Poor oral health
Oral health is poor in Manchester and tooth decay continues to affect children and young people’s lives although it is largely preventable. Poor oral health is strongly linked to social deprivation and is caused by the frequency and amount of sugar in the diet, lack of hygiene and exposure to fluoride. It can have an impact on general health and quality of life as it can affect the ability to eat, speak and socialise. Other impacts include pain, poor diet and impaired nutrition and growth.
Four key oral health messages
To promote good oral health there are four key messages:
Reduce the consumption and especially the frequency of intake of drinks, confectionery and foods with sugars.
- The consumption of sugars both the frequency and the amount is important in determining the risk of tooth decay
- When sugars are consumed they should be part of a meal rather than between meals
- Snacks and drinks should be free of added sugars whenever possible
- The frequent consumption of acidic drinks (such as fruit juice, squashes or carbonated drinks) should be avoided to help prevent dental erosion.
Clean the teeth thoroughly twice every day with fluoride toothpaste.
- Effective daily toothbrushing with family fluoride toothpaste will help prevent both tooth decay and gum disease
- Other oral hygiene aids such as floss and interdental brushes are best used after they have been demonstrated by a dentist, therapist or hygienist
- Thorough brushing of all tooth surfaces and along the gum line twice every day is of more value than more frequent but less effective brushing, and a gentle circular motion should be advised
- A small soft-to-medium toothbrush should be used to allow all tooth surfaces and gums to be cleaned easily and comfortably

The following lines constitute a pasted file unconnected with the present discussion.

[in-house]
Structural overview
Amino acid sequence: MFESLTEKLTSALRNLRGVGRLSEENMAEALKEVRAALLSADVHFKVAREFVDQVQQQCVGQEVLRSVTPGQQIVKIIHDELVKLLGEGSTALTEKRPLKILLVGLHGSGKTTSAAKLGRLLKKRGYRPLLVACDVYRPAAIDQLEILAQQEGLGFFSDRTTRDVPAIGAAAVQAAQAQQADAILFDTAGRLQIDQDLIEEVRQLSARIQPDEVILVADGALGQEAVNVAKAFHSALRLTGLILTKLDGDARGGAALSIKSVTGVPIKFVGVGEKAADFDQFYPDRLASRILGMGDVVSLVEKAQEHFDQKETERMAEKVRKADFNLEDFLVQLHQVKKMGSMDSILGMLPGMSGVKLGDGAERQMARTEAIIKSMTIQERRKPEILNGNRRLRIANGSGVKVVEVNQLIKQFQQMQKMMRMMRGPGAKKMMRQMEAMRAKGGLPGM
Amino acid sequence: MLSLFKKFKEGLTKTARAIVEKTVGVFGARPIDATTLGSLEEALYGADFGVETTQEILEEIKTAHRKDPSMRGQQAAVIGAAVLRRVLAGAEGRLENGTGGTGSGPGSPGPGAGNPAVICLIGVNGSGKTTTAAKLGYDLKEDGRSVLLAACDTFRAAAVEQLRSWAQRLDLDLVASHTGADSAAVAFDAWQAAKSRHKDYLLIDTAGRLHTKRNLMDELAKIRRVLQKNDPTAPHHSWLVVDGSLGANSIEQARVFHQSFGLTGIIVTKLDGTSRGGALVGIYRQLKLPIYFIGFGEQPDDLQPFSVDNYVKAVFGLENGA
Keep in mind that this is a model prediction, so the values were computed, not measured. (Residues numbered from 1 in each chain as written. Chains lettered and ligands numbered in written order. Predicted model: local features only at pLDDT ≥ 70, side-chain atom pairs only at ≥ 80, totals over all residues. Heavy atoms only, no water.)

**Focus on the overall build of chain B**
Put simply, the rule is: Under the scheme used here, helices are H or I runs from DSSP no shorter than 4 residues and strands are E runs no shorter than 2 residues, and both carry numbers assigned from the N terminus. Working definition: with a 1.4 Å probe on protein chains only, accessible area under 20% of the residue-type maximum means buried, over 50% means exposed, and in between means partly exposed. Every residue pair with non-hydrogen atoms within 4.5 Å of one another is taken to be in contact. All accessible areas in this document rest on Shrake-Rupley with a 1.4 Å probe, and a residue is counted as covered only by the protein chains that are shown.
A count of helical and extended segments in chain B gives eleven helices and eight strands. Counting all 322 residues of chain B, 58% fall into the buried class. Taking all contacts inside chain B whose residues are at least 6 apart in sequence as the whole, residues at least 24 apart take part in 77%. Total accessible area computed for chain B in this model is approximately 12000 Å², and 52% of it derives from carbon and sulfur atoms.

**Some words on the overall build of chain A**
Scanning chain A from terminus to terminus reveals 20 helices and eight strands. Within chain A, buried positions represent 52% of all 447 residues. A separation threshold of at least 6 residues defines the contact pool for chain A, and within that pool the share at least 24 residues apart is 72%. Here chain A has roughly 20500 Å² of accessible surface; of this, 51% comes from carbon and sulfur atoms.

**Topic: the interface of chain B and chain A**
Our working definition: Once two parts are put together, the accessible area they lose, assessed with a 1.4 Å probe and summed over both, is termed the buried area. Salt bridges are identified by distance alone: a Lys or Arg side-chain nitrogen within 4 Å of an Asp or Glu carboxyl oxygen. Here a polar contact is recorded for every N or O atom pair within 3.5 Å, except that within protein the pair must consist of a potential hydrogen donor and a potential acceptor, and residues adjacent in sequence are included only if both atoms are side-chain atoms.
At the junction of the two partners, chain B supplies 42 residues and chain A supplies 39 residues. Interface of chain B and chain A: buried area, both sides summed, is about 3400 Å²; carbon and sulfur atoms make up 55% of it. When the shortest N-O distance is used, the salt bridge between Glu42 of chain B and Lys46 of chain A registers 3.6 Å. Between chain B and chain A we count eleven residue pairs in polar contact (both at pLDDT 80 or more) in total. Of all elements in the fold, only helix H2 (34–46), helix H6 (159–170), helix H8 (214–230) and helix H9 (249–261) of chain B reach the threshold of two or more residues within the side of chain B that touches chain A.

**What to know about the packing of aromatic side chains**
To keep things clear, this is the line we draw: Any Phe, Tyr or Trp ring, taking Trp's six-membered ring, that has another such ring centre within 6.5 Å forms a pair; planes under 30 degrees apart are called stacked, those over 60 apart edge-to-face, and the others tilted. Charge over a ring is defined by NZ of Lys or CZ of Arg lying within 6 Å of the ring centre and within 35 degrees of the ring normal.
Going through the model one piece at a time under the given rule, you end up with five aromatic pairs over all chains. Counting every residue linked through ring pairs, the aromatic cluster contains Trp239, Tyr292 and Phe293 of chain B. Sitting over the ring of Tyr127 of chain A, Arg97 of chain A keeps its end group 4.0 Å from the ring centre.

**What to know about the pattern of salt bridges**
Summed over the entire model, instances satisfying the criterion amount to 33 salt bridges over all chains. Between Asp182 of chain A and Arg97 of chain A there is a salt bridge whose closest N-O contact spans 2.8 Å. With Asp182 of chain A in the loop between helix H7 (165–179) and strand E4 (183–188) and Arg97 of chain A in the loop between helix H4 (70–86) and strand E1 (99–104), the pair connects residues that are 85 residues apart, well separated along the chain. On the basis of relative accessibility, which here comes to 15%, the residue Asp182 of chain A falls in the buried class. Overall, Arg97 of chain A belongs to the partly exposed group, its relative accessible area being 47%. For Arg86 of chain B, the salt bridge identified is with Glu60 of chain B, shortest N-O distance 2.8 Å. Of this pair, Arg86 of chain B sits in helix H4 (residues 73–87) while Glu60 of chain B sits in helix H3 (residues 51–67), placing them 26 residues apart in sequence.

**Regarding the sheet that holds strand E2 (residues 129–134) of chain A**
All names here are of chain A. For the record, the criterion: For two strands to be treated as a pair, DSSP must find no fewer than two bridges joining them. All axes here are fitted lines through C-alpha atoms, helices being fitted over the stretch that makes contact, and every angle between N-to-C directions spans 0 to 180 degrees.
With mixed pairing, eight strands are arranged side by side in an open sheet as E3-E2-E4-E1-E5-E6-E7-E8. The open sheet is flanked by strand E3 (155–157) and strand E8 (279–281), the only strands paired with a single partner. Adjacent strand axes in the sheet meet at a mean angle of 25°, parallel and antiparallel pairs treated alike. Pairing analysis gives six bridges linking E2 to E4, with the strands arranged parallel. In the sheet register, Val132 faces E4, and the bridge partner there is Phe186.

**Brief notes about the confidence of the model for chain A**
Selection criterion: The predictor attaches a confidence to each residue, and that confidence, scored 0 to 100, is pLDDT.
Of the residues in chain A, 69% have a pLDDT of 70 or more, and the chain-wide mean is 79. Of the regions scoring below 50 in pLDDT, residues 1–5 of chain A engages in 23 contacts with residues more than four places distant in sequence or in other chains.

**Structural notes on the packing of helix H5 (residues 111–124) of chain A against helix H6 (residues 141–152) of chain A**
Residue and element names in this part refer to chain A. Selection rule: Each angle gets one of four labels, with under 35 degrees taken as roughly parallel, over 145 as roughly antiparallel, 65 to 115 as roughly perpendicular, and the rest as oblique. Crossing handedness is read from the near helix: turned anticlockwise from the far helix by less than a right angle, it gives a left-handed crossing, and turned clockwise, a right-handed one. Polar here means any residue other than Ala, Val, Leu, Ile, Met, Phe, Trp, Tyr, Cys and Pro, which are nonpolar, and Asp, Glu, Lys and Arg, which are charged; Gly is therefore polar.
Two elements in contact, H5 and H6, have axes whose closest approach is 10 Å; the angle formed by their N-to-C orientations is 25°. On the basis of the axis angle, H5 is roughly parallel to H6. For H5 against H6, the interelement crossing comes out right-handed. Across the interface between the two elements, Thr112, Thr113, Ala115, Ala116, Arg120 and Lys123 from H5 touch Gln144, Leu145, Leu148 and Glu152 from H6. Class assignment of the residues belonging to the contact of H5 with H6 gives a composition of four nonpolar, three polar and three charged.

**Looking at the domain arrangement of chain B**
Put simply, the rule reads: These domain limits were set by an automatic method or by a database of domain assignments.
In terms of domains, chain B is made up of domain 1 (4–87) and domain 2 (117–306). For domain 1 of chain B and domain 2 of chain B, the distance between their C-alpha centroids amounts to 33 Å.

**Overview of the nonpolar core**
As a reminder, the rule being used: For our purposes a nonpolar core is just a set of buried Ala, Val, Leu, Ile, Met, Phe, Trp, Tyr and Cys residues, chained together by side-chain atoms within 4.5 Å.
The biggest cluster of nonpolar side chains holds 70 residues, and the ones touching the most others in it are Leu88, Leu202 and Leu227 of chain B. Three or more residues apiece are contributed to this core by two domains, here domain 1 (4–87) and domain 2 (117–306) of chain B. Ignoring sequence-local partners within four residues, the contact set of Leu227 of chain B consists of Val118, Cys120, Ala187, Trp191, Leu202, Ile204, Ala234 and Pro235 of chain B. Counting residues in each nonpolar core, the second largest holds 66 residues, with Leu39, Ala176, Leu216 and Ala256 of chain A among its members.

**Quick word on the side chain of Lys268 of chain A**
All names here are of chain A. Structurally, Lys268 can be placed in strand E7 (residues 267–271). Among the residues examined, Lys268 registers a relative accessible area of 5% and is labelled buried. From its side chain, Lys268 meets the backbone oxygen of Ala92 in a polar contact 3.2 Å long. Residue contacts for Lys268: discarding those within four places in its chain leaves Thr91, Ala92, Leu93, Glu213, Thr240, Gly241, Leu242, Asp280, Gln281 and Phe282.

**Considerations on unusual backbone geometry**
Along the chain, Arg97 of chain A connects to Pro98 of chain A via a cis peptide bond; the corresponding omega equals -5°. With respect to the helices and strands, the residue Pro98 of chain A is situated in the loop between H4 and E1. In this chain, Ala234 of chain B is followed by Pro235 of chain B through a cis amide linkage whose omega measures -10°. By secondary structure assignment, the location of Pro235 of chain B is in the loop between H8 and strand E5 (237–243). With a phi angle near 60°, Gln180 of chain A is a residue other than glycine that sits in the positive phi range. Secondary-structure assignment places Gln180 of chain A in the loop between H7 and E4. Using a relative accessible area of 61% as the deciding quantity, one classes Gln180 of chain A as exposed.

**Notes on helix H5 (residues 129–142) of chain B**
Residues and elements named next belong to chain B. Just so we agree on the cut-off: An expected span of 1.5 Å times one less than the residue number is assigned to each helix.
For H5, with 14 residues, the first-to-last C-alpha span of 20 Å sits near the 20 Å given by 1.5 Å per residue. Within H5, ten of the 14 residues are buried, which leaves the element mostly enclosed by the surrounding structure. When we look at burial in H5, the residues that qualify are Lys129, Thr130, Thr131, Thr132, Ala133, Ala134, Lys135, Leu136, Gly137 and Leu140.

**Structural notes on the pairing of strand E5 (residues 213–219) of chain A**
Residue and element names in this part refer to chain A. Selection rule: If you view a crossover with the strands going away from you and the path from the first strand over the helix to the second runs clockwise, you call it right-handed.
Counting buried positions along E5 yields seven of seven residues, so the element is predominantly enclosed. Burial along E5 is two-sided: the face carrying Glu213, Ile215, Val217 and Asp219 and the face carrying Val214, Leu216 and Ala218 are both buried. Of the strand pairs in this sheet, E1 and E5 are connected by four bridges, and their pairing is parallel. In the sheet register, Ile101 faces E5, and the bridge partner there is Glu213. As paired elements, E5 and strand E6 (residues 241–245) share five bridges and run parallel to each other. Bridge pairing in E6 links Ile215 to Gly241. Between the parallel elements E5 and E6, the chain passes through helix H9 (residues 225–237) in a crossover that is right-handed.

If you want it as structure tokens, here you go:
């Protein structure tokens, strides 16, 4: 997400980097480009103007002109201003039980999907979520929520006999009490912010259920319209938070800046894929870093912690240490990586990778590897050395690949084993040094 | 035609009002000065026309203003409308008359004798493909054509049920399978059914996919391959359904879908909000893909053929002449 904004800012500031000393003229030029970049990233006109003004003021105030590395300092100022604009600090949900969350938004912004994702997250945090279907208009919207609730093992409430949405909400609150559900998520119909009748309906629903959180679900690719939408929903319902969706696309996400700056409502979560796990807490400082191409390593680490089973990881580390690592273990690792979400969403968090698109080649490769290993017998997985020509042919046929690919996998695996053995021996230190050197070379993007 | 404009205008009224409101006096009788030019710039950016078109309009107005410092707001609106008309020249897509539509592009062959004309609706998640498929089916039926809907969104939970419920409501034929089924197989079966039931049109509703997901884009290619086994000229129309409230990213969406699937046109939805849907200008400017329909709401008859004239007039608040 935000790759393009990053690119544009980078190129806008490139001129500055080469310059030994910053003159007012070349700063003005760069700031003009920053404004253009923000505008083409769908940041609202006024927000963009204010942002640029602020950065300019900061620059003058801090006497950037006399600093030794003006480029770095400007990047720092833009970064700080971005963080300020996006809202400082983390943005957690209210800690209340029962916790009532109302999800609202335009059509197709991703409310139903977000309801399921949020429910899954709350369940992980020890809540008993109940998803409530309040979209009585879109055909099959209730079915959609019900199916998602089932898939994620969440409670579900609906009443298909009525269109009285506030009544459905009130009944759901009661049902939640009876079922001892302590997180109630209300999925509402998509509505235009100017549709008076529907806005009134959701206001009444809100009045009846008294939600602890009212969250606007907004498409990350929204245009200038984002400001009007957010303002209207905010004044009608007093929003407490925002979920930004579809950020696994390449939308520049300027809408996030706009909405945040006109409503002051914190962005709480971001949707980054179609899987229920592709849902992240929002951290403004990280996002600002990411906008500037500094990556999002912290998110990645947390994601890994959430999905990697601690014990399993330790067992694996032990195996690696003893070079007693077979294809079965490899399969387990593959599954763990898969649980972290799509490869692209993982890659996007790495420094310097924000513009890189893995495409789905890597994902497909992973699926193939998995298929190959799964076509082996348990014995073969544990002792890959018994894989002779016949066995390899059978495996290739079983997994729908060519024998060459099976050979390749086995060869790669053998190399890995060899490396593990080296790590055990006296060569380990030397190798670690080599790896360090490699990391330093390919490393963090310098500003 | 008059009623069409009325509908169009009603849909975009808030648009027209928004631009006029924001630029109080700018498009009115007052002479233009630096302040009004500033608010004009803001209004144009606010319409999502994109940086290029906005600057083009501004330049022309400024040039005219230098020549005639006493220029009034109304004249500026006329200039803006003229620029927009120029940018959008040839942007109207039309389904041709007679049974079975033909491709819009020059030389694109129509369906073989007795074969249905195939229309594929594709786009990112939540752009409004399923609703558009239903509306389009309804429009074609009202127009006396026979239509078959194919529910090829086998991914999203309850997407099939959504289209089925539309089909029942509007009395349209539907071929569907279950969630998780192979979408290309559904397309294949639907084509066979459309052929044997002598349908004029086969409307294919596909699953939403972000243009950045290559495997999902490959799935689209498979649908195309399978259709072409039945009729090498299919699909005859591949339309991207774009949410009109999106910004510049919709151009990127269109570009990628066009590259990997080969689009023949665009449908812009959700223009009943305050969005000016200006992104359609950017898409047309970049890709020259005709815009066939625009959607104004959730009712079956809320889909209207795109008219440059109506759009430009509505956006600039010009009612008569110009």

- Effective toothbrushing with family fluoride toothpaste will help prevent tooth decay, provided that sugar is also kept to mealtimes.
Fluoridation of the water supply is a safe and highly effective public health measure.
There is currently no fluoride in the Manchester water supply. In its absence other fluoride strategies are employed, such as a programme to promote the use of fluoride toothpaste.
4. Dental attendance
Have an oral examination every year.
Everyone, irrespective of age and dental condition, should have an oral examination at least once a year so that cases of oral cancer or other oral diseases can be detected early and treated.
This advice also applies to those without any natural teeth.
Children and those at risk from oral diseases including smokers may need to be seen more frequently, as advised by the dentist.
National advice and information
NHS Choices - National dental advice and information.
If you are looking for a new NHS dentist please call 111 or use the link above.
Local advice and Information
If you have dental pain or swelling and need urgent care between the hours of 8am-6pm please call 0161 476 9649.
Between the hours of 6pm -10pm and on weekends and bank holidays please call 0161 337 2246.